by Rabbi Yehoshua Aron Sofer
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"And Hashem completed on the seventh day His work which he did..."
Shabbos is commonly known as the sign that HaShem created the entire universe during the first six days and rested on the seventh. Through our observing the Shabbos, we are testifying that HaShem created all. One might ask why the day of rest is chosen to commemorate the creation and not rather a day of creation itself. How does a day with an absence of creation testify to creation?
Rashi brings a Midrash which states that there actually was creation on the Shabbos day - the creation of "menucha" (rest). Therefore, perhaps the Shabbos is no less than any other day of creation. Yet, this Midrash requires understanding. How can "menucha" be considered a creation? It seems rather but the absence of work.
The Bais HaLevi explains that it is incorrect to interpret the concept of HaShem's resting on the Shabbos literally. We say in our davening each morning: "One who creates anew each day the work of the beginning". Even after HaShem first created the world, it is unable to continue to exist without a constant creation commanded by Him. the very wonders of the first creation never cease to be performed by HaShem. If so, how is it possible to understand that HaShem rested on Shabbos. If He rested from creation, how could the world exist?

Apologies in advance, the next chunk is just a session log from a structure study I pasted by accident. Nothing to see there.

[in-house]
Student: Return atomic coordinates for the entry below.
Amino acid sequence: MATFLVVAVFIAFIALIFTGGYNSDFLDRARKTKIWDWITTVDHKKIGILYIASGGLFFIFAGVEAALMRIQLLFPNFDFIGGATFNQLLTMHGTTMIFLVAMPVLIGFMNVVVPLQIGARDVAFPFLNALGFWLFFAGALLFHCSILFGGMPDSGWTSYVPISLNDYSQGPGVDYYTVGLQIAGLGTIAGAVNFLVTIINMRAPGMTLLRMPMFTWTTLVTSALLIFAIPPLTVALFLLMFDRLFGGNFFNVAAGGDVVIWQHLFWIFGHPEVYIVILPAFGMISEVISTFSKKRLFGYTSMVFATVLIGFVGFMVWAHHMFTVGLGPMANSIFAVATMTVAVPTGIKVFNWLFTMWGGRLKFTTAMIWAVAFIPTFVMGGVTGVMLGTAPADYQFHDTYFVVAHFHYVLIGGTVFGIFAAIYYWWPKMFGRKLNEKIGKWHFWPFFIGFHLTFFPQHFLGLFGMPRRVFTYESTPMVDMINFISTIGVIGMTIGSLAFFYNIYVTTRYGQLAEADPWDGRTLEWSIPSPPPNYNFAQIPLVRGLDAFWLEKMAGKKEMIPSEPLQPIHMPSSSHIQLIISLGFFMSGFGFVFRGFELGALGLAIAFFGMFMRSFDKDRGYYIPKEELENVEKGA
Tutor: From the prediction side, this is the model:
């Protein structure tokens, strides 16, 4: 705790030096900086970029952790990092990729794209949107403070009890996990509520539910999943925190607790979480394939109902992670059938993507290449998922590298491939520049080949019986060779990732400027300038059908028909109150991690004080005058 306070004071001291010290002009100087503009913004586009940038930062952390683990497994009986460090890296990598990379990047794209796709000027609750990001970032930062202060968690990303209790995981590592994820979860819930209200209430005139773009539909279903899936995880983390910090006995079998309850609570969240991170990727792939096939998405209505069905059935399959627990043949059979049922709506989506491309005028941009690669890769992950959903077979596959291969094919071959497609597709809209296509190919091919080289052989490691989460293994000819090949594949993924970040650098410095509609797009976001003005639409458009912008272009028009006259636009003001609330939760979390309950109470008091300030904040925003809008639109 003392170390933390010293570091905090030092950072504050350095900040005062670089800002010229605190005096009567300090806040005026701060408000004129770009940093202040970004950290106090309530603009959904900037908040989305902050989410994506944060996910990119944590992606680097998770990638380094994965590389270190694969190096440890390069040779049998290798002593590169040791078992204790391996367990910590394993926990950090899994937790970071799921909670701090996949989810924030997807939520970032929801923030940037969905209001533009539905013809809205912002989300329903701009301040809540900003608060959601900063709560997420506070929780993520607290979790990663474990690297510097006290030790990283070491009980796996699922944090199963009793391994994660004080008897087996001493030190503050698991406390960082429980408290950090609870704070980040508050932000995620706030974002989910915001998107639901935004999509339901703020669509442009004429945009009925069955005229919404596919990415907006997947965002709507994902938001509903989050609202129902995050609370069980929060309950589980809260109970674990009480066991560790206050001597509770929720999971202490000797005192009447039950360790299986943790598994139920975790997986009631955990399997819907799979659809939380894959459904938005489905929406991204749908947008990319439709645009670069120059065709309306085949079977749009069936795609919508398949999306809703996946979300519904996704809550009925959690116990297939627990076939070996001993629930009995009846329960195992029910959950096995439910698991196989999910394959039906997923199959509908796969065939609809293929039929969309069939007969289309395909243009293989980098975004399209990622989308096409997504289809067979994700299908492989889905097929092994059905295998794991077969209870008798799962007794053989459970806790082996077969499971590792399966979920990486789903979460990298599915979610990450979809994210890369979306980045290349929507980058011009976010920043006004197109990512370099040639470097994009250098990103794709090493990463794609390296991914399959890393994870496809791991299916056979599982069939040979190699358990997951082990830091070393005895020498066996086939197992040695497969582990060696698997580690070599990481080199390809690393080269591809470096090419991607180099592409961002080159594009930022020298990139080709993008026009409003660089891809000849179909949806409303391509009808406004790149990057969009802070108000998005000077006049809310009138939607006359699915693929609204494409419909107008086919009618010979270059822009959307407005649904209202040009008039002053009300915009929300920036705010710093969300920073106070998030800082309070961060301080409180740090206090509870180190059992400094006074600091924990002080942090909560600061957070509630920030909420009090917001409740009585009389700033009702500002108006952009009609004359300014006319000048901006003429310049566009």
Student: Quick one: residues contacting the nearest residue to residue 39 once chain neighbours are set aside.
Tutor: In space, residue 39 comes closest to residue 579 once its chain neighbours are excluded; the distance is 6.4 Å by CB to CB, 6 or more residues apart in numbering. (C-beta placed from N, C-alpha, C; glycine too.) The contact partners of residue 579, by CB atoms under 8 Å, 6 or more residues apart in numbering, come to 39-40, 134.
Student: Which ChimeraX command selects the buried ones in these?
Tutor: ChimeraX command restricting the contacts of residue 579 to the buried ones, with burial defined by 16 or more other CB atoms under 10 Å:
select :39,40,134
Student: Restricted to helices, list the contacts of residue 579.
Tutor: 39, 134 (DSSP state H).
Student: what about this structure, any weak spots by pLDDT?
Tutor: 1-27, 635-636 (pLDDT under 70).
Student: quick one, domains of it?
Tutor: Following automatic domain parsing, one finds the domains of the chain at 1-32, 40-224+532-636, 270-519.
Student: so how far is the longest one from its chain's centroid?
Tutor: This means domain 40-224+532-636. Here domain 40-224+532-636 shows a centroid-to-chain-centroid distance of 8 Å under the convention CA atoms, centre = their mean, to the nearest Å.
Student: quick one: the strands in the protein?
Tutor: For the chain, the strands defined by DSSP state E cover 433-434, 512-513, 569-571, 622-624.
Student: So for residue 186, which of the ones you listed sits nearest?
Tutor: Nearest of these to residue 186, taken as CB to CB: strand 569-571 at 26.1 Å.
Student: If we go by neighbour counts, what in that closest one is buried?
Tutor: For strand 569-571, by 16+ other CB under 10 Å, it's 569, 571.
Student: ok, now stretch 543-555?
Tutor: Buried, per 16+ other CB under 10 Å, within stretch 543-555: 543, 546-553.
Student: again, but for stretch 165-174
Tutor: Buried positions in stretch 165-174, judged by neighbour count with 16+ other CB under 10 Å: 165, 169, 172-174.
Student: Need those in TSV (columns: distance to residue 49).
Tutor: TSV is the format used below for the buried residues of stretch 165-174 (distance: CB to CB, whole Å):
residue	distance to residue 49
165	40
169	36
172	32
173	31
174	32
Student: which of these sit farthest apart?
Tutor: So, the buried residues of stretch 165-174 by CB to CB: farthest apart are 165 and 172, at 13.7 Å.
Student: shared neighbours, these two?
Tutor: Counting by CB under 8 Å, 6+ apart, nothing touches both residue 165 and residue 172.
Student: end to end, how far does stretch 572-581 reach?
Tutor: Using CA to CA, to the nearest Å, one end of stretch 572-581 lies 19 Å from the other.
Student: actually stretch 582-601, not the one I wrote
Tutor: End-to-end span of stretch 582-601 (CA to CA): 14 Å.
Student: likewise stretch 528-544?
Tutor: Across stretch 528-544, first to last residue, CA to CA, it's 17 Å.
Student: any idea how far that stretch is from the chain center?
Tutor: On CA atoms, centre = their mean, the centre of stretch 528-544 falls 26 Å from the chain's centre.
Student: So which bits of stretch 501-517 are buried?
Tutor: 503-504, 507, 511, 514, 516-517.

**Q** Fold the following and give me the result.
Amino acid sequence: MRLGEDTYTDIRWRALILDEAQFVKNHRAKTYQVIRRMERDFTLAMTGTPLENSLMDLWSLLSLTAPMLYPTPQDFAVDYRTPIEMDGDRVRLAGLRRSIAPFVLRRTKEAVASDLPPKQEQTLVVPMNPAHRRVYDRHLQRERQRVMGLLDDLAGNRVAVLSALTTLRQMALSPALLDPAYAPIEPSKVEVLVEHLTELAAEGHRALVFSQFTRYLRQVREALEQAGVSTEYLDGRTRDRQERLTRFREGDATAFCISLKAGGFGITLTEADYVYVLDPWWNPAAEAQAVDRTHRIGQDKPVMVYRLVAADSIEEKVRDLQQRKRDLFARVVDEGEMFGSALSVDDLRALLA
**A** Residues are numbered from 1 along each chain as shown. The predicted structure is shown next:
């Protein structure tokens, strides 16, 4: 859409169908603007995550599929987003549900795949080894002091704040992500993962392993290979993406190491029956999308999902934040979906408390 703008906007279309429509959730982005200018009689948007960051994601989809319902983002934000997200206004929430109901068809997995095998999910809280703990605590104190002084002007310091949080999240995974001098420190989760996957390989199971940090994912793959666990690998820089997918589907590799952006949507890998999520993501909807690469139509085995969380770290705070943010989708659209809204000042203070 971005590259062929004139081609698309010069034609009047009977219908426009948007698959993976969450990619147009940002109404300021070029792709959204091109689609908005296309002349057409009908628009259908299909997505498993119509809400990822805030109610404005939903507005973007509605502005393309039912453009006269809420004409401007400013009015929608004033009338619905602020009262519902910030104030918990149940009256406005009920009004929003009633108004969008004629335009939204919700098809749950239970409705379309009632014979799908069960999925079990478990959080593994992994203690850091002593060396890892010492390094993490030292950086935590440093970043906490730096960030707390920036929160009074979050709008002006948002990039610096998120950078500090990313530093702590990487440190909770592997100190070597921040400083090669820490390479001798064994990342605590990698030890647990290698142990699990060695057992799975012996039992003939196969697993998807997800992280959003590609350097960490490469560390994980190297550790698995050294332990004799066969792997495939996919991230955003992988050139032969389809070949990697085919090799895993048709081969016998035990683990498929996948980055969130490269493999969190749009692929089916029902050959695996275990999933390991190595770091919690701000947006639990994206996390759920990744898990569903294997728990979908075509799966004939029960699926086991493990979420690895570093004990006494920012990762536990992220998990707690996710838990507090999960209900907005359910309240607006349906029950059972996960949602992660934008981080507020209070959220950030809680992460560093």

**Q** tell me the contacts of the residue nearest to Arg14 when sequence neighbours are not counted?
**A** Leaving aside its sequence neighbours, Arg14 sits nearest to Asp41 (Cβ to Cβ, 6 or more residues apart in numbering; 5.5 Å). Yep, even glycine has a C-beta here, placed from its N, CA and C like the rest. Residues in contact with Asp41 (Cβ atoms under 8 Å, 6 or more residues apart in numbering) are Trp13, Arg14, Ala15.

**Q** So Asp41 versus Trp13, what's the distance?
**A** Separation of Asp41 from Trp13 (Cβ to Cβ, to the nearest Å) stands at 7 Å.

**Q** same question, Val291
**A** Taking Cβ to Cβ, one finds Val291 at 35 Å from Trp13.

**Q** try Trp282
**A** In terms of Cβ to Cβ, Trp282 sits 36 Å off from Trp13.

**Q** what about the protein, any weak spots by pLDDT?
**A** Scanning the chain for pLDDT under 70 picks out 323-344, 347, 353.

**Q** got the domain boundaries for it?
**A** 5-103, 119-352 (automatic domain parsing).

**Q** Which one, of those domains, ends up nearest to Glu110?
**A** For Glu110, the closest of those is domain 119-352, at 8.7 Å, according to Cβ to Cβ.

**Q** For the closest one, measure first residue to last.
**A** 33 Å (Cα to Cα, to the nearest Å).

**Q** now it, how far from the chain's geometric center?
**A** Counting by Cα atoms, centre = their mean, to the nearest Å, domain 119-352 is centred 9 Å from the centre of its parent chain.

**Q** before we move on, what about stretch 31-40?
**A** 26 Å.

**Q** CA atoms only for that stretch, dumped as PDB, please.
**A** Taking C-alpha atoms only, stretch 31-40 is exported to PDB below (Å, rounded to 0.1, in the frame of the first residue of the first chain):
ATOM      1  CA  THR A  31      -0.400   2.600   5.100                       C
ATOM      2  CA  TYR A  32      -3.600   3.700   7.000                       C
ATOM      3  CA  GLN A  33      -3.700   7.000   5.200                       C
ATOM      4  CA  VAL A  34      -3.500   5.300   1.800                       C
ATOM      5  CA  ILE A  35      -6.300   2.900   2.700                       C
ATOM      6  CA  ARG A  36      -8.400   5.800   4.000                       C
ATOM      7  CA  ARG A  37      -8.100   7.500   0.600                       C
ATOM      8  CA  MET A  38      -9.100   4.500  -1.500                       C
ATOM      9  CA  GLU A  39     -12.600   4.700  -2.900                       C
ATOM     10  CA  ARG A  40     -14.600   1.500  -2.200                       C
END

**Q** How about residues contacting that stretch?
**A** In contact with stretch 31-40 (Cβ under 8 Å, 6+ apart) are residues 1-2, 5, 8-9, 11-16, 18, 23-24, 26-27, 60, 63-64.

Therefore, the Bais HaLevi explains, there must be a different meaning of "rest" when used in reference to HaShem. "Work" refers to the original days of the creation during which things appeared for the very first time. "Rest" also means creation, a creation of things which already existed. During the first six days Hashem "worked", creating a new world. One Shabbos He "rested", ceasing from creating new, but rather constantly repeating the original creation. this is the meaning of the Midrash, that on the seventh day "menucha" was created. "Menucha" is not the absence of work, but rather a different form of creation, a second creation.
When we commemorate the creation through our observance of Shabbos, we are not so much commemorating the six days of creation, but rather the creation which transpired on Shabbos, the never ceasing creation being performed by HaShem. This form of creation is in a sense more meaningful to us as we are testifying that the entire universe at this present moment is being created anew by HaShem, and that "nature" is but the constant manifestation of HaShem's creation.
Chazal teach us that one who celebrates and enjoys the Shabbos day will be rewarded with a boundless share. The Bais HaLevi explains that in his association with the concept of Shabbos, he is showing that "nature" does not exist, all is but the constant performance of the creation by HaShem. therefore, his reward will not be confined by the "laws of nature", and will merit a limitless share.
Rabbi Yehoshua Aron Sofer, Kollel Beis HaTalmud Yehuda Fishman Institute, Melbourne Australia
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